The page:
Shorelines, Sandy or Otherwise, That May Not Last
Share with others:
If you like a day at the beach -- and who does not? -- you can find lots of books that will enhance your experience by telling you about the birds, the fish, the plants and even the bugs you will encounter there.
But what about the beach itself?
What is it made of? (The answer is not always "sand.") How did it form? How does it change? Can it be preserved? Unless you want to pack your beach bag with a geology text or a manual of coastal engineering, your options for answering these questions are not so good. Four coastal scientists, three from the United States and one from Northern Ireland, have come to the aid of the beach curious with "The World's Beaches: A Global Guide to the Science of the Shoreline," a comprehensive, readable guide to the physical features of many kinds of beaches and some of the threats they face.
A beach, simply, is the end product of sediment (sand or gravel or even pebbles or cobbles), wave energy to move it around and a place where it can accumulate. But beaches, as one might expect, are far from simple. In a section called "How to Read a Beach," we learn why sand, for example, accumulates in particular ways, how ripple action turns some flat stretches of sand into corrugations, the way swash and backwash shape the beach slope, how even a few strands of sea oats can trap enough sand to start building a dune and why foam piles up at the high water line.
The explanations are accompanied by photographs -- too small, but beautiful -- and clear graphical illustrations. Though the authors occasionally lapse into jargon (their barnacles cling to "substrate" until the animals die and their six-plate shells "become disarticulated"), on the whole, their writing is plain and clear. For the times when it is not, the book comes with a helpful glossary.
Unfortunately, the future holds many threats to the world's beaches, the worst from human activity, intentional and accidental. People "groom" beaches with rakes or even tractors, destroying the homes and food supplies of tiny crabs, sea birds and other animals that rely on beach habitat. Pollution -- everything from giant oil spills to shorefront septic tanks -- mars many beaches. But those problems are minor compared with sea level rise, induced by global warming, and the efforts people make to fight its effects.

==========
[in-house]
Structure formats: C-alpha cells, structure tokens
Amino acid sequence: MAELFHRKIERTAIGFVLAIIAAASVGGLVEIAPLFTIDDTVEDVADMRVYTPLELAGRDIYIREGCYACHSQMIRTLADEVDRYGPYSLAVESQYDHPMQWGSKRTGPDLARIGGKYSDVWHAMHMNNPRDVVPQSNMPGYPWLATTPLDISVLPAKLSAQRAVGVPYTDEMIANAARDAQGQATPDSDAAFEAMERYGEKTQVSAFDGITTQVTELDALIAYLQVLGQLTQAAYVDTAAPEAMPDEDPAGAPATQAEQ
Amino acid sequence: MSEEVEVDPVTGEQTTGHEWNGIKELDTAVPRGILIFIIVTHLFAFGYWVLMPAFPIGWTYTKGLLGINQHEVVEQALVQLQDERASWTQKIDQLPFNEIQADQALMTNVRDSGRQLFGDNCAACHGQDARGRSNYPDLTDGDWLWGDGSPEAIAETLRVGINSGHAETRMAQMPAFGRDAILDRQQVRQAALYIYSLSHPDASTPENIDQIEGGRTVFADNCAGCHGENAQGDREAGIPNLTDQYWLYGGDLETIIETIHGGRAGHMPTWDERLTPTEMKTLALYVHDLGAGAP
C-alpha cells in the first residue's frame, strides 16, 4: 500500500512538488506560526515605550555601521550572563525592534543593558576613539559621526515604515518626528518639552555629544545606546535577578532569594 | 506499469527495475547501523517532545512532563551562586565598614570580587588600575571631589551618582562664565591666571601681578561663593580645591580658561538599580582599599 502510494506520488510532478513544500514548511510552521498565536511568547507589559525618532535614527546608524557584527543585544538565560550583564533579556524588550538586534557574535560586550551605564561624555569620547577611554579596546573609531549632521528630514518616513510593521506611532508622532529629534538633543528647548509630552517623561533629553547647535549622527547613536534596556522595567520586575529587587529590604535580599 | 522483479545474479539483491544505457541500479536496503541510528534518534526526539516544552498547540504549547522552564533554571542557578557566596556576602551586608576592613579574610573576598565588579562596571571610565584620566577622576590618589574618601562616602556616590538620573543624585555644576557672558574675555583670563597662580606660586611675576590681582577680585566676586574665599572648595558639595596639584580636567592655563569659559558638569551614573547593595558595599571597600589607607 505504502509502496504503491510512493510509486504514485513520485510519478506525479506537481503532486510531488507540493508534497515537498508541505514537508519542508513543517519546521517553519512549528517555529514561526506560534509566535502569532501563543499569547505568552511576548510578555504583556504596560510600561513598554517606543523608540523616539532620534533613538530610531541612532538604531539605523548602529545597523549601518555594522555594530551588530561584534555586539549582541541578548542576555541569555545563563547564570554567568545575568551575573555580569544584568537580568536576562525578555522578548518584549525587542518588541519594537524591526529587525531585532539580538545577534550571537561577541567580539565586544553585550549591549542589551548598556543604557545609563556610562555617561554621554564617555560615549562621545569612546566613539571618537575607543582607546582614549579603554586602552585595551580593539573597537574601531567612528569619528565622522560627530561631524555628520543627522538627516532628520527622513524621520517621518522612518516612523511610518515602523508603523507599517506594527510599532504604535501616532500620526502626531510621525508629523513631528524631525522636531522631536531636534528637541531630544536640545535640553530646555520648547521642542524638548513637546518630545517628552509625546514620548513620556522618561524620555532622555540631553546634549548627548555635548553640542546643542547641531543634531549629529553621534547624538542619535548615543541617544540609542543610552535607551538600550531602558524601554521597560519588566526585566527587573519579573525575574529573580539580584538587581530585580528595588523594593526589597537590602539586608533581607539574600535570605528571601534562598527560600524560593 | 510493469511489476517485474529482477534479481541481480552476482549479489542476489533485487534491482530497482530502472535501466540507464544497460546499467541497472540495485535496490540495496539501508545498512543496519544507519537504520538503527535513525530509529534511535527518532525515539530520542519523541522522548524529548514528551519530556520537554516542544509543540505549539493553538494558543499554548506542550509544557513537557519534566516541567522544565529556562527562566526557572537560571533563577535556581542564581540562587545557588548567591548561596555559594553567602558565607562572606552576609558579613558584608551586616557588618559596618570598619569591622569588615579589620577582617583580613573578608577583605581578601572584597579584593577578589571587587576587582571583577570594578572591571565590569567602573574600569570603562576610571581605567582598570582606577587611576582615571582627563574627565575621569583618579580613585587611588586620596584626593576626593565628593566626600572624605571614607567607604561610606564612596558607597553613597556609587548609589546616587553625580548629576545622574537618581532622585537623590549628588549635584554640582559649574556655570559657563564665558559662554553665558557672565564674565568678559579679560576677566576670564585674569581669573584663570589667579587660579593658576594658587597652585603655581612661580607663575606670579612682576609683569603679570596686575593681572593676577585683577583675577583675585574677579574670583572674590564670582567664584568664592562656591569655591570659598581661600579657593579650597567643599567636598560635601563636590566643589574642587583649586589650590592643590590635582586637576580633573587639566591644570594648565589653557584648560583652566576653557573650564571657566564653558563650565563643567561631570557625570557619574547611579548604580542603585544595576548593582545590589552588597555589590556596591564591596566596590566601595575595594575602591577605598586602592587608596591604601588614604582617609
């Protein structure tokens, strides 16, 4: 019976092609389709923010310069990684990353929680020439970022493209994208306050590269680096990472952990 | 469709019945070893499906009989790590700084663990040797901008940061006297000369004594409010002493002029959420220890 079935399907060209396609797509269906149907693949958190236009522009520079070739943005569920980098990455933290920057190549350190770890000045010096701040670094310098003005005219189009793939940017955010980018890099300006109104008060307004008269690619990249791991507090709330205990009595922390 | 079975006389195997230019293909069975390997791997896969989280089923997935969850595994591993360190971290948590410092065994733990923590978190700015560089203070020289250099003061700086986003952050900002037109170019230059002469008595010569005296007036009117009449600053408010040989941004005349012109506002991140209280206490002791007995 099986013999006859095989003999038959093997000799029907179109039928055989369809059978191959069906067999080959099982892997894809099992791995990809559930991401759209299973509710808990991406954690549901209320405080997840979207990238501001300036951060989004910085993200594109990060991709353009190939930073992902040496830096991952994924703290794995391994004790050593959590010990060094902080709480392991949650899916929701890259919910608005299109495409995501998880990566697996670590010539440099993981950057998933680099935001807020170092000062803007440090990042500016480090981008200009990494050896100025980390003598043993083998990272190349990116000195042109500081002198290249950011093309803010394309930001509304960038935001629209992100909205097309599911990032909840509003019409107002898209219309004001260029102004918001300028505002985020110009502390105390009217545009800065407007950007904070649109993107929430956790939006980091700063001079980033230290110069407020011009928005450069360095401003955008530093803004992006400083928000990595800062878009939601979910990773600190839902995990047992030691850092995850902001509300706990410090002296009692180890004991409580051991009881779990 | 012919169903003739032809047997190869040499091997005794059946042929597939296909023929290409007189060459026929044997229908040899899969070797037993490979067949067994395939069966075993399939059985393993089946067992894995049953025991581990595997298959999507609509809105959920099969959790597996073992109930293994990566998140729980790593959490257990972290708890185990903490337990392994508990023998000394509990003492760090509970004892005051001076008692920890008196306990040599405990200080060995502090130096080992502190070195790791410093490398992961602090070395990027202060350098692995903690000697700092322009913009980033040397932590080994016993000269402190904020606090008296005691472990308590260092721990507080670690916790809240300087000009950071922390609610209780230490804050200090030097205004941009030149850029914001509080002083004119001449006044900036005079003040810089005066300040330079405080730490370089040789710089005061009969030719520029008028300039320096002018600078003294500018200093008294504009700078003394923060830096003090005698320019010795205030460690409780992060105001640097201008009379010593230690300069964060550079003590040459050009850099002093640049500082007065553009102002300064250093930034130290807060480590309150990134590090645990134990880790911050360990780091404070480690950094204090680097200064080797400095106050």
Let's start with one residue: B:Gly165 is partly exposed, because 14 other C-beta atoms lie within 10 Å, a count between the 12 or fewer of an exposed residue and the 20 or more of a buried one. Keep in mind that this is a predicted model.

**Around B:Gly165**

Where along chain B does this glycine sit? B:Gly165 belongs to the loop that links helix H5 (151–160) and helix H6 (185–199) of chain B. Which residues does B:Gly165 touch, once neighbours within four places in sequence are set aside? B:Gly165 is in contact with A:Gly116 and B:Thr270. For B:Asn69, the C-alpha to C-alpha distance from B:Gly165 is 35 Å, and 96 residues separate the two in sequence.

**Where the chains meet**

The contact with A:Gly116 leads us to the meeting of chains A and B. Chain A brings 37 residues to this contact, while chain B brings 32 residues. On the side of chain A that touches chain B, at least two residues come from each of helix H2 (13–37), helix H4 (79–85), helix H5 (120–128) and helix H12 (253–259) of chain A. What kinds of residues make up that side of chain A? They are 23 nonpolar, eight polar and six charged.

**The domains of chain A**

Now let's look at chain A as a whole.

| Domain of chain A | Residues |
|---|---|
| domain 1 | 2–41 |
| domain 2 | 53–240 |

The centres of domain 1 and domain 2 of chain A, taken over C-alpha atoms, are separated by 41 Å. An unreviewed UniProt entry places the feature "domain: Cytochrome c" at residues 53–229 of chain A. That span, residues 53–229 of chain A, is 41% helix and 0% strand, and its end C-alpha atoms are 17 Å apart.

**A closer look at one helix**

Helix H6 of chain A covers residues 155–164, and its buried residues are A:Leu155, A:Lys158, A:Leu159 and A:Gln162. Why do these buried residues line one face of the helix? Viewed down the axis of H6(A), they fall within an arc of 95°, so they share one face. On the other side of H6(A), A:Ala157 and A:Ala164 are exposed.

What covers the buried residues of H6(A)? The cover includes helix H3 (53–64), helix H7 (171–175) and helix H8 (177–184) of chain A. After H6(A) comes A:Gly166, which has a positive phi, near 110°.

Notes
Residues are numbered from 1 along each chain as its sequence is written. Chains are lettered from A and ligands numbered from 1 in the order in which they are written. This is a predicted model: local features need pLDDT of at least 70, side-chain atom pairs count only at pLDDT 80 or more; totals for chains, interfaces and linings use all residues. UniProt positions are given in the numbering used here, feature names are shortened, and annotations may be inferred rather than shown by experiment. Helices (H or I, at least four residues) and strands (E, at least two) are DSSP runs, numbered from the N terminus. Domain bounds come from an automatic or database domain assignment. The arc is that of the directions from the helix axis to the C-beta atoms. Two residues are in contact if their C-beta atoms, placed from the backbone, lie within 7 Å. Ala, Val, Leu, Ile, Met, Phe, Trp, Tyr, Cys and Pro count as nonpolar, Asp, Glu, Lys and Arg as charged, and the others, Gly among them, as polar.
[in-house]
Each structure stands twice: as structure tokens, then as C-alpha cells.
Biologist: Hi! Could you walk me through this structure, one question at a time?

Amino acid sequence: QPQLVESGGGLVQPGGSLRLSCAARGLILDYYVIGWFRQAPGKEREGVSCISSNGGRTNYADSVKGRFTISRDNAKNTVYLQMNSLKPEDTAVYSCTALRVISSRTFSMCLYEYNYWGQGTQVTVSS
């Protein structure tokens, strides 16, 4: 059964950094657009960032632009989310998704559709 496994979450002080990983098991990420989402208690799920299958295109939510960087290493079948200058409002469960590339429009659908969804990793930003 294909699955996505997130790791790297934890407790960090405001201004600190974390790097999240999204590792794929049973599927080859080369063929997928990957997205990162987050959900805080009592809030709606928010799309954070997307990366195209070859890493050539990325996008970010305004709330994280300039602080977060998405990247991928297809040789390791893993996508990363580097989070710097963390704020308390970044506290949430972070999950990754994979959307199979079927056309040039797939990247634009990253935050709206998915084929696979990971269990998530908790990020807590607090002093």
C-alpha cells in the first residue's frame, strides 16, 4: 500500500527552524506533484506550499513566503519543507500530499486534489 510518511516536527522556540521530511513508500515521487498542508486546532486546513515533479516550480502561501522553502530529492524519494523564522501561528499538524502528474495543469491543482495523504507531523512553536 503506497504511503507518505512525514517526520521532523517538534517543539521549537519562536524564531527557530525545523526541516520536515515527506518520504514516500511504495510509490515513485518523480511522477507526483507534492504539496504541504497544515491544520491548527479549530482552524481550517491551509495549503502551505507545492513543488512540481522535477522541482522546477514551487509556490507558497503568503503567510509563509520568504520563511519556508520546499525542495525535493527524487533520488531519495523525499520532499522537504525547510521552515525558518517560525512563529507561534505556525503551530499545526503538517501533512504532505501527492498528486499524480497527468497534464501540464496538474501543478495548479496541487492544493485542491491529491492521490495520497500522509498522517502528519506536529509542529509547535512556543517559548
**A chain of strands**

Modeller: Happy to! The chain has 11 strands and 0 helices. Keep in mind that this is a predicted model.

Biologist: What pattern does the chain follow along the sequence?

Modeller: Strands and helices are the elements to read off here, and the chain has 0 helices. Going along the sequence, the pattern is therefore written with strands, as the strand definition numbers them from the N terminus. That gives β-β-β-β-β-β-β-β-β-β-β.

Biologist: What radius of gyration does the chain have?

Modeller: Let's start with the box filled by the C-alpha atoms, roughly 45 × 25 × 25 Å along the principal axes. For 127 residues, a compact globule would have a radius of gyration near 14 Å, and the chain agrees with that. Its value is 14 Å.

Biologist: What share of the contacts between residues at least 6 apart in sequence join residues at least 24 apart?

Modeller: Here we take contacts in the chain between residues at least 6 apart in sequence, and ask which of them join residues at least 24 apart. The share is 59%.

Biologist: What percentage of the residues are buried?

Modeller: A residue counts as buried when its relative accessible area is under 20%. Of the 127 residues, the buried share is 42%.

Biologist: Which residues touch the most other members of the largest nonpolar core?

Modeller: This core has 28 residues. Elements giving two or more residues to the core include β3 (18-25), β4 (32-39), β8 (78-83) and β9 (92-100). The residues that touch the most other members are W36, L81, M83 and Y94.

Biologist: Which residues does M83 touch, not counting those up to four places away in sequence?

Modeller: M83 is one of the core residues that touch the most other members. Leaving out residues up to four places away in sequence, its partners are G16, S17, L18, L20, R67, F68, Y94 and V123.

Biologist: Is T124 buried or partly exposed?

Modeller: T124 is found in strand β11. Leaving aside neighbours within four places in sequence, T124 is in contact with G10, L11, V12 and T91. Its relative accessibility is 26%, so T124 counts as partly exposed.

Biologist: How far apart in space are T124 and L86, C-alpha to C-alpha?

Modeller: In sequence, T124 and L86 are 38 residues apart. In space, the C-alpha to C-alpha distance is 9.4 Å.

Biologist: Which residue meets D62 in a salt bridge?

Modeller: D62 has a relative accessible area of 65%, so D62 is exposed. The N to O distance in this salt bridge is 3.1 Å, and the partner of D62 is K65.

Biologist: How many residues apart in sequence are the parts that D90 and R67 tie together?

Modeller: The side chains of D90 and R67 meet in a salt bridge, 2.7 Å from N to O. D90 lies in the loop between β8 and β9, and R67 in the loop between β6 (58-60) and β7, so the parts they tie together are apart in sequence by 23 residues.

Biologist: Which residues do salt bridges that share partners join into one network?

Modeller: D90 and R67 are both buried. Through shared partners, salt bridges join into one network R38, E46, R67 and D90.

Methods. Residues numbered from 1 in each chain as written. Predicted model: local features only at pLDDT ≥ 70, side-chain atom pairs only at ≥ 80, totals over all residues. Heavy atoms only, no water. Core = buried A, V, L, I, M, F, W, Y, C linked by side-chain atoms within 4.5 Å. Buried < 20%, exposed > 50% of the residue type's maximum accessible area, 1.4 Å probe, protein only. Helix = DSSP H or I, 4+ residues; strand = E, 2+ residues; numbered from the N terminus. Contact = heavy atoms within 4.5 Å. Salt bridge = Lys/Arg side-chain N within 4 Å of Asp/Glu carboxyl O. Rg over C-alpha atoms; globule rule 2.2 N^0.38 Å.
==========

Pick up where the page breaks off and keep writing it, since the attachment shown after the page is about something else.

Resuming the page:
If experts are correct and seas rise by two or even three feet by the end of the century, they write, cities like Miami, New Orleans, Rio de Janeiro, Venice, Lagos, Tel Aviv and places like the Gold Coast on Australia's eastern coast will suffer significant, chronic flooding. Island nations already feeling the effects of rising water may literally disappear.
Around the world people eager to protect valuable hotels, condos and other infrastructure respond to the threat of rising seas by building concrete walls or rock revetments. When rising water reaches this armor, as it inevitably does, the beach is drowned.
Two of the authors' many examples are Waikiki, Hawaii, where skyscraper hotels march right up to the shoreline (and where one hotel, its beach lost to armor, built what is, in effect, a giant, elevated sandbox for its guests), and Cannes, France, where the beach is so narrow that sun-worshippers pile up practically on top of one another other in arrays of rented chairs.
Pumping sand onto eroding beaches can also preserve beachfront buildings from destruction but, as the authors note, it comes at huge cost -- environmental and financial.
Beaches that are unfettered by human infrastructure do not disappear when sea level rises. They simply move inland. When sand on a barrier island is washed into the lagoon behind it, or when the base of a beachfront cliff erodes and the bluff slumps down to the water's edge, the beach, is, in effect, moving to higher ground inland.
But, the authors conclude, unless society chooses beaches over buildings the result will be a world in which parks like the National Seashores retain natural beaches, but beach resorts elsewhere are "heavily walled and beachless." Rising seas will make sand-pumping operations "untenable," they predict, and tourists will amuse themselves by "promenading on top of a seawall" -- already the principal activity in too many coastal resorts.
If they are right, by then the beaches this book describes will be a nostalgic memory.
First Published August 18, 2011 12:00 am